Autolysing Was the Missing Step!
Long time reader, first time poster.
After having difficulties with my starter after a move, I was ready to toss my starter in the trash and start over. All my bread was coming out dense, crumbly, and unpleasant after a day or two of being bagged in the cupboard. Come day 3, I could hardly squeeze the loaf and could usually tear a boule in half akin to a phone book. I tried changing everything in the process to remedy the density, from kneading by hand to machine, using different rising times, retarding the dough, etc. al. I was at my wit's end.
The other day I tried autolysing for the first time (I use the term loosely because I mixed in my starter- but no salt.) I let it autolyse for 30 minutes and I immediately saw the advantage because my dough was supple, elastic and fun to work with- nothing like what my doughs over the past year had felt like!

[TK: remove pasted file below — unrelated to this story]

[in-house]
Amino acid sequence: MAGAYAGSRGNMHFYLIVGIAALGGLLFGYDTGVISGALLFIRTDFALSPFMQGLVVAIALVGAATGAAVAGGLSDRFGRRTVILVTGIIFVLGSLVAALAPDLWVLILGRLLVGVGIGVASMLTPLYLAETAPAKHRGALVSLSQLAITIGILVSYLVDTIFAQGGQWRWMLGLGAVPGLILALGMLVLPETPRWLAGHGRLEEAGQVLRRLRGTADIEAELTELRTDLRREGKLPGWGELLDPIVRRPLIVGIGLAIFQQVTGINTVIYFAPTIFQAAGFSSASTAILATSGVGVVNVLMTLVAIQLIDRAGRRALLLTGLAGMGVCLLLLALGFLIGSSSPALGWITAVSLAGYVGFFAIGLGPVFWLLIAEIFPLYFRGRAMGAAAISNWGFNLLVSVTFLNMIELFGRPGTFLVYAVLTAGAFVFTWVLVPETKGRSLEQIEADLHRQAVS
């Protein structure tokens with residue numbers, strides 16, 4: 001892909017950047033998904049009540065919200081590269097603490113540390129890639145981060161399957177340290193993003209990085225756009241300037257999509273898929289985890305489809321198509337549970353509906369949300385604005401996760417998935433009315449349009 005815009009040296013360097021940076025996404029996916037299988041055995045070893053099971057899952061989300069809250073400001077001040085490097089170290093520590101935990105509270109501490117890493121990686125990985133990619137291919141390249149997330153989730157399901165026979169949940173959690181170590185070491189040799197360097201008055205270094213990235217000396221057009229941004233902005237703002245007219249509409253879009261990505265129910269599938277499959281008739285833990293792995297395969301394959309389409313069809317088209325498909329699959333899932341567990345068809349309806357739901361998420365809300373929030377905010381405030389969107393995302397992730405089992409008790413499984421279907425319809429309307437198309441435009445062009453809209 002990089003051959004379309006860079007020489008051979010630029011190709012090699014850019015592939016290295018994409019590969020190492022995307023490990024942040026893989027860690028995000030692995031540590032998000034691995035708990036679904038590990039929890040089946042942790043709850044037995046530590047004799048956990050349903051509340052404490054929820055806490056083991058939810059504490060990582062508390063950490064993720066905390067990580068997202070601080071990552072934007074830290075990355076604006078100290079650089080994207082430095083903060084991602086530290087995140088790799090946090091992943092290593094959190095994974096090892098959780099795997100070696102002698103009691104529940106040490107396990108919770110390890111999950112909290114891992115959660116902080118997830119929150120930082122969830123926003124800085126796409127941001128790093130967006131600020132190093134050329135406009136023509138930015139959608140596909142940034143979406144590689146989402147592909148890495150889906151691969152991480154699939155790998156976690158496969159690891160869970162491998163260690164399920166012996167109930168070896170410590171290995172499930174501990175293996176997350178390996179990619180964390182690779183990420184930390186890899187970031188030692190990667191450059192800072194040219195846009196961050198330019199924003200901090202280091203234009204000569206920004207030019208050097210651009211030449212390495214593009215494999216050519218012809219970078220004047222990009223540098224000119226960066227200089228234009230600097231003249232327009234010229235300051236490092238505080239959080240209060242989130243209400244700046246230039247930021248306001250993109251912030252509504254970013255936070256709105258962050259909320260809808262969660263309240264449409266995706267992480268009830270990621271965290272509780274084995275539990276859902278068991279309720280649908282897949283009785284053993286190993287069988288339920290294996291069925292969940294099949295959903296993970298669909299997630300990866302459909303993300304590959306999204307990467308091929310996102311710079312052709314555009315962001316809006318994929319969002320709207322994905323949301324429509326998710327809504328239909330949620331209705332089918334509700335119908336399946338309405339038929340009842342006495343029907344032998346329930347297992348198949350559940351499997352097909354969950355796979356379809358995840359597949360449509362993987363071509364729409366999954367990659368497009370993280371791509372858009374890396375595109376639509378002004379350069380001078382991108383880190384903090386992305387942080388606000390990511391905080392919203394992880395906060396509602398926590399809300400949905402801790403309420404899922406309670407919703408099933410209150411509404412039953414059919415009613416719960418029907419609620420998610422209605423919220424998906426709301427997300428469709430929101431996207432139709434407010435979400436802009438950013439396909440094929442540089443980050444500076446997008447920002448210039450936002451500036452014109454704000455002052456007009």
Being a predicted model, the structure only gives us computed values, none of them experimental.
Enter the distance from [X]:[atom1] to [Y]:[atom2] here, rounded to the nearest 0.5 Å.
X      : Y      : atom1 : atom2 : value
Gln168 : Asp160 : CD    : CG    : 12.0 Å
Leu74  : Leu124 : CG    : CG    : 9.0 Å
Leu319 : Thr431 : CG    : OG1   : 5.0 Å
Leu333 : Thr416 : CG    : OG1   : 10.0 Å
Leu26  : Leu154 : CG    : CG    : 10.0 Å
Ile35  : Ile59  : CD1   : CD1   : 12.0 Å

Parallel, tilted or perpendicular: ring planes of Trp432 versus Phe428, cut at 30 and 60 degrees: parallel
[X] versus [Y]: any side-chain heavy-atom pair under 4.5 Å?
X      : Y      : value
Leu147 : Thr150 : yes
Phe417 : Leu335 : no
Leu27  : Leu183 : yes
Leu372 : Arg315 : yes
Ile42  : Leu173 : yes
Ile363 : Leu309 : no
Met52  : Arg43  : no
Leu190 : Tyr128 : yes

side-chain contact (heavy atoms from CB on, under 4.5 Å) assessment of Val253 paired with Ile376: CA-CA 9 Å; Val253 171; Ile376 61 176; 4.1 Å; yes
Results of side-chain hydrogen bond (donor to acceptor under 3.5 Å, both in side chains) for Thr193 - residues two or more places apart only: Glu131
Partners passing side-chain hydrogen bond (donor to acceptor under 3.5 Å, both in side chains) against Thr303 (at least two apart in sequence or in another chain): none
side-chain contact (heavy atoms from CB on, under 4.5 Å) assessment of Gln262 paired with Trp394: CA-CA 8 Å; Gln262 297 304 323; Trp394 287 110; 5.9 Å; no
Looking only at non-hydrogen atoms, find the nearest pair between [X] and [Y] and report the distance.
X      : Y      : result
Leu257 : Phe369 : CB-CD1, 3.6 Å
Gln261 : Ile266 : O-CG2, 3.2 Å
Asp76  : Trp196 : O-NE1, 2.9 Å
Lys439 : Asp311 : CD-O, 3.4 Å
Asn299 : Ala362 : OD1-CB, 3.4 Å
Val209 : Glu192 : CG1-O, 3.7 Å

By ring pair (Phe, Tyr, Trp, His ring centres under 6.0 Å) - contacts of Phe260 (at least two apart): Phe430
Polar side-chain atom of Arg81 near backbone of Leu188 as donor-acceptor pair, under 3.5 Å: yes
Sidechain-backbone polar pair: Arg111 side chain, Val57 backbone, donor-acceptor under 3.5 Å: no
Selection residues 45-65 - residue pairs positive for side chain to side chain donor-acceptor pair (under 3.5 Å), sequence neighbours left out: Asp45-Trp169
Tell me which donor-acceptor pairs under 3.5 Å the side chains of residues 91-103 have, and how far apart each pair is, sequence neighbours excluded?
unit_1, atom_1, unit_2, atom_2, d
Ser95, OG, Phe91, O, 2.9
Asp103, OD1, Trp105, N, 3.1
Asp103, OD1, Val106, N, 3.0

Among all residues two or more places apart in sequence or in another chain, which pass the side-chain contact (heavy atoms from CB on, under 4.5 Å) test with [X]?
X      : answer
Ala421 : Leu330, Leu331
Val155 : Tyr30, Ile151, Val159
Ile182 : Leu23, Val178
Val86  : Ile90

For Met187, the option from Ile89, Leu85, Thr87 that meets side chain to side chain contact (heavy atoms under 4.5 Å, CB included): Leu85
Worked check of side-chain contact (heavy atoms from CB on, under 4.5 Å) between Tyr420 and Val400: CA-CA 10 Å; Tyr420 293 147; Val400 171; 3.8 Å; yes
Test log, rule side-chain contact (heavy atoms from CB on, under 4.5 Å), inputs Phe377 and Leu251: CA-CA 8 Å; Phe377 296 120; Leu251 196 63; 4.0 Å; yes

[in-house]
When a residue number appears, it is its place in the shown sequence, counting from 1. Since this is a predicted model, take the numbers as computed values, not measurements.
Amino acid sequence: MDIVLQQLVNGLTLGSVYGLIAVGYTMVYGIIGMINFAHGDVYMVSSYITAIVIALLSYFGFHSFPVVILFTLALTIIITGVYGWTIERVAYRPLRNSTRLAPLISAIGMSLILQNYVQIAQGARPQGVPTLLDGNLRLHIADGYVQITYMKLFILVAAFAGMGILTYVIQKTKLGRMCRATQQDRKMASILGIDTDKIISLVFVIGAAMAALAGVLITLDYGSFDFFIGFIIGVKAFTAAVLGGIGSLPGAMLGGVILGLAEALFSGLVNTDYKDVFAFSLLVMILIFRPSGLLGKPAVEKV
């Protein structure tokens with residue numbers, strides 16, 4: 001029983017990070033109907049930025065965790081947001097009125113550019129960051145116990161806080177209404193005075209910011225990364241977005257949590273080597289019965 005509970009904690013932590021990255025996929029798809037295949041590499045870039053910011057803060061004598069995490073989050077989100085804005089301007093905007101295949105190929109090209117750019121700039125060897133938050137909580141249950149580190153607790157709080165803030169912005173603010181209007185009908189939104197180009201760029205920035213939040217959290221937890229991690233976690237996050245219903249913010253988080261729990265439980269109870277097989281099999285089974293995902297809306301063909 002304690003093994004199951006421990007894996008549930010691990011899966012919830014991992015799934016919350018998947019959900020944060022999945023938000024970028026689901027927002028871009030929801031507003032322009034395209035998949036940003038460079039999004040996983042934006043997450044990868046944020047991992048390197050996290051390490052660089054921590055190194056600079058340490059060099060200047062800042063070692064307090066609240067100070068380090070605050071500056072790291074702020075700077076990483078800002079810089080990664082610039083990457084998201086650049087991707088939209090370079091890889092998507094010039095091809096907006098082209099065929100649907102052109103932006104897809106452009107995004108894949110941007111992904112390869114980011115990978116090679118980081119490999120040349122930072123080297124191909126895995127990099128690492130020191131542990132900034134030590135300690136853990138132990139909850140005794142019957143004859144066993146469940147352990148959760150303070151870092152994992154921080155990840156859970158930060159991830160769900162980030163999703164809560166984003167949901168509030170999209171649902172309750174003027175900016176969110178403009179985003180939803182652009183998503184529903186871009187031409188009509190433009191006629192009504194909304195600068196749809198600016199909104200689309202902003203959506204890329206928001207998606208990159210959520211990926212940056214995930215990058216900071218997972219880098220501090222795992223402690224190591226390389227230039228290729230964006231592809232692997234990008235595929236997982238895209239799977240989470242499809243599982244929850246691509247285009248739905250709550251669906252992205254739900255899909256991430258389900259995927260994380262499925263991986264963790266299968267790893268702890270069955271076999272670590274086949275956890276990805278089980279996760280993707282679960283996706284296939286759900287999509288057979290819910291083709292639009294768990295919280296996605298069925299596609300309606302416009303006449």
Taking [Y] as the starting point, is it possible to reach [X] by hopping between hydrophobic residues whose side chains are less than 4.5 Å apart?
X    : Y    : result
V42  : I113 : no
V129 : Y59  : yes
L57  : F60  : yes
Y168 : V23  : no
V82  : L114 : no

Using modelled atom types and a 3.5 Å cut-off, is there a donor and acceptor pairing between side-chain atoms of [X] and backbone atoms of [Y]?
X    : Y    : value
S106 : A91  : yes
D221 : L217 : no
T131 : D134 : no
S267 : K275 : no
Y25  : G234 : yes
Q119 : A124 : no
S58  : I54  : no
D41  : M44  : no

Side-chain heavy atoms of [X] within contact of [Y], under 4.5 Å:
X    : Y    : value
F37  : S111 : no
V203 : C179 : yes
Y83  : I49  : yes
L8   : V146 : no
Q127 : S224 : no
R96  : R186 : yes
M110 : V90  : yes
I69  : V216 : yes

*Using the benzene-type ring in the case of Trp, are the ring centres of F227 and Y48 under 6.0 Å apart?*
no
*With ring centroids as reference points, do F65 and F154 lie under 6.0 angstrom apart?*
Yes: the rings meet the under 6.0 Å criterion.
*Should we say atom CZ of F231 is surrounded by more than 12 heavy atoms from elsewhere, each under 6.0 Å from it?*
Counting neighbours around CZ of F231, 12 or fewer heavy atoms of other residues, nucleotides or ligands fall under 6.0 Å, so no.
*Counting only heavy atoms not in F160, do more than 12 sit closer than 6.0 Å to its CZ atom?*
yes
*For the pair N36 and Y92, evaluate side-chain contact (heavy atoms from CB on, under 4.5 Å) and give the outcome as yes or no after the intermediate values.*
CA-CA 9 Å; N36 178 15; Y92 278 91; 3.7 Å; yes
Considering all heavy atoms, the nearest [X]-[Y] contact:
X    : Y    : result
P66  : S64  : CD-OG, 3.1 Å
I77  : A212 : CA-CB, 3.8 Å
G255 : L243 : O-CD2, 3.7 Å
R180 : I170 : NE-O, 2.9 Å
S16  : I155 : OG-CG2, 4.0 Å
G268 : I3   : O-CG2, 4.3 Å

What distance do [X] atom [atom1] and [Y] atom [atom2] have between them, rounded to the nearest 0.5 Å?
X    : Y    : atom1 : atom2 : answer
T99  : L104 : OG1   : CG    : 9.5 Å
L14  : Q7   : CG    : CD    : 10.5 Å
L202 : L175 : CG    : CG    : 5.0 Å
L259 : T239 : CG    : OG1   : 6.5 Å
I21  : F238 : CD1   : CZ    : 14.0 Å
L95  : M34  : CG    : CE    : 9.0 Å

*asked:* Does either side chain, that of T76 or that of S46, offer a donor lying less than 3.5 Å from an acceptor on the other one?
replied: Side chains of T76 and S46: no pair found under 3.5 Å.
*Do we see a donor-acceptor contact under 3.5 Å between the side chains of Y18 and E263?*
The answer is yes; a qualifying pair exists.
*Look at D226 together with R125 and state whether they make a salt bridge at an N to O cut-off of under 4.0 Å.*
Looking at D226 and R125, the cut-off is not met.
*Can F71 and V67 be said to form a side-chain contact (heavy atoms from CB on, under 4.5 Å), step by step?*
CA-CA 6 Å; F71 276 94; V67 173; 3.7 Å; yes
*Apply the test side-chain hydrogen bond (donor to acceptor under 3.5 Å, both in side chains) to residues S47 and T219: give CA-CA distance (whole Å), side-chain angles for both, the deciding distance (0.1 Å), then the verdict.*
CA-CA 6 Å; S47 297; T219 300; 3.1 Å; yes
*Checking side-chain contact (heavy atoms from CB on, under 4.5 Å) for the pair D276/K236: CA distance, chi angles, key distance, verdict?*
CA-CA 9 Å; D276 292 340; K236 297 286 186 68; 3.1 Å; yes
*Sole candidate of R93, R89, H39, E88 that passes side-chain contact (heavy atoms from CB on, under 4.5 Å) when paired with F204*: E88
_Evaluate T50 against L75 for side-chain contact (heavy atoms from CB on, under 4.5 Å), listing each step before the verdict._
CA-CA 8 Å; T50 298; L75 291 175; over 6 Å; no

I just mixed up another batch and let it autolyse for an hour this time (once again with the starter in it but no salt.) After the autolysing I added the salt and kneaded on speed 2 with my Kitchen Aid stand mixer ten minutes (mainly to try to take my hand kneading out of the equation to see how much an effect this is having on loaves.)
Will folding the dough be beneficial during the bulk fermentation or is this too much handling at this point (it seems that people either knead or fold- not both?)